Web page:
Many people find that foot padding and shoe inserts ease bunion pain and swelling in the foot, making walking more comfortable. There are many types of over-the-counter pads and shoe inserts available. Our podiatrists and orthopedic surgeons recommend the right type for you based on the size of the bunion and the extent of change in the bone structure of your foot.
For severe bunions, our podiatrists can custom-fit a shoe insert to redistribute stress away from the affected joint, relieving discomfort. Medications can also make walking more comfortable for people who have bunions.
Most drugstores offer a variety of bunion pads in different shapes and sizes. These come in many materials, shapes, and sizes, including fabric and gel. Some wrap around the toe and others use adhesive to stick to your skin. This relieves the pressure and pain caused by the bunion rubbing against the shoe, making walking easier.
Orthotic inserts are placed under your foot in your shoes. Often, these products are made from foam or gel, and they conform to the curves of your foot in some places while providing firm support in others.
Orthotic inserts are an important part of treatment for bunions, because they redistribute the weight of your body more evenly across the bones and joints of the foot. By shifting pressure away from painful and swollen areas, orthotic inserts can effectively relieve pain due to metatarsalgia, the swelling of the ball of the foot, or a neuroma, which is inflammation in a nerve that travels between the bones of the feet and toes.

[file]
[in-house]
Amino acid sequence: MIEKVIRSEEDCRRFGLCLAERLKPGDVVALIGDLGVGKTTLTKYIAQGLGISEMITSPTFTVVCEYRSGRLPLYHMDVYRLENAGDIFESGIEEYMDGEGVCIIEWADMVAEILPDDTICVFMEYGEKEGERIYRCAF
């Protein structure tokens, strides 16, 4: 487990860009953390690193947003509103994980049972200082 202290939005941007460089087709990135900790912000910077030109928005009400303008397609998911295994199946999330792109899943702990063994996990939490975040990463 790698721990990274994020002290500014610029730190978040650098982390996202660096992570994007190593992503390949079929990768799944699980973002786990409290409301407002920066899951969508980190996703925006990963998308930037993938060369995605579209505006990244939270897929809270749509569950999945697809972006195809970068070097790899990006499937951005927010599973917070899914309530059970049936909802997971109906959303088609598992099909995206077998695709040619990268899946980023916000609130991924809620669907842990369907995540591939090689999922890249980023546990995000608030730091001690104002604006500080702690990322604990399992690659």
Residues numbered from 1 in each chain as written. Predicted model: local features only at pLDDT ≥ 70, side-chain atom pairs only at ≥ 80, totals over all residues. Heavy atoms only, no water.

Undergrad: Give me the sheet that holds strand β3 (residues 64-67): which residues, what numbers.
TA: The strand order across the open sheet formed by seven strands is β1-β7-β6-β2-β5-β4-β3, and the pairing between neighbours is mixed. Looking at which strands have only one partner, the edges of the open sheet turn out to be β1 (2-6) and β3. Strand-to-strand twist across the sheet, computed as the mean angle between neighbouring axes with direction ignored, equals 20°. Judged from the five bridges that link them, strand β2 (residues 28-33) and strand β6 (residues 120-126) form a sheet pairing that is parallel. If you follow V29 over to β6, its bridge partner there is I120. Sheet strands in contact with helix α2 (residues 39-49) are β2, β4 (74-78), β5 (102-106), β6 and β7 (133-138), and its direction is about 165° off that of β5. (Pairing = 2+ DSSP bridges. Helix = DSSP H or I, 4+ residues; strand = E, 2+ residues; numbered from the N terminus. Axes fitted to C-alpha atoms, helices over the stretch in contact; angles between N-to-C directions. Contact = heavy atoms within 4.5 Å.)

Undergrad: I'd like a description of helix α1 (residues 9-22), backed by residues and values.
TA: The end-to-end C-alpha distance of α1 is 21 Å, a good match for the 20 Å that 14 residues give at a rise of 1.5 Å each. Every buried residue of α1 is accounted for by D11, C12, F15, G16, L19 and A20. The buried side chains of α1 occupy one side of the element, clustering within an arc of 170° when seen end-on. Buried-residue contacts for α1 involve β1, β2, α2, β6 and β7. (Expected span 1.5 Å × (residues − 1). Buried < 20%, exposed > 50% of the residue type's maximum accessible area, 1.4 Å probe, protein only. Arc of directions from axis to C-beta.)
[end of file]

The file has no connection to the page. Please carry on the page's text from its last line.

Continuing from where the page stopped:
Doctors at NYU Langone recommend orthotic inserts for most people pursuing nonsurgical treatment for bunions. Our podiatrists help you find the right over-the-counter brand, or they can custom-fit a shoe insert to the exact shape and size of your foot.
Custom orthotic inserts typically take two to three weeks to make. After the inserts are ready, you meet with your podiatrist to ensure they fit correctly.
Our doctors may recommend nonsteroidal anti-inflammatory drugs (NSAIDs) to reduce swelling and relieve pain in the foot and toe affected by a bunion. NSAIDs are taken by mouth.
Many of these medications, including ibuprofen and naproxen, are available without a prescription. If these medications aren’t working to ease your bunion-related pain, your doctor may recommend a prescription medication.
Whether your doctor recommends over-the-counter or prescription NSAIDs, he or she can advise you on the correct dose and the length of treatment. NSAIDs may cause side effects, including nausea and stomach ulcers, so prolonged use is monitored by a doctor.
NYU Langone specialists provide care and support throughout your entire healthcare journey.Browse Doctors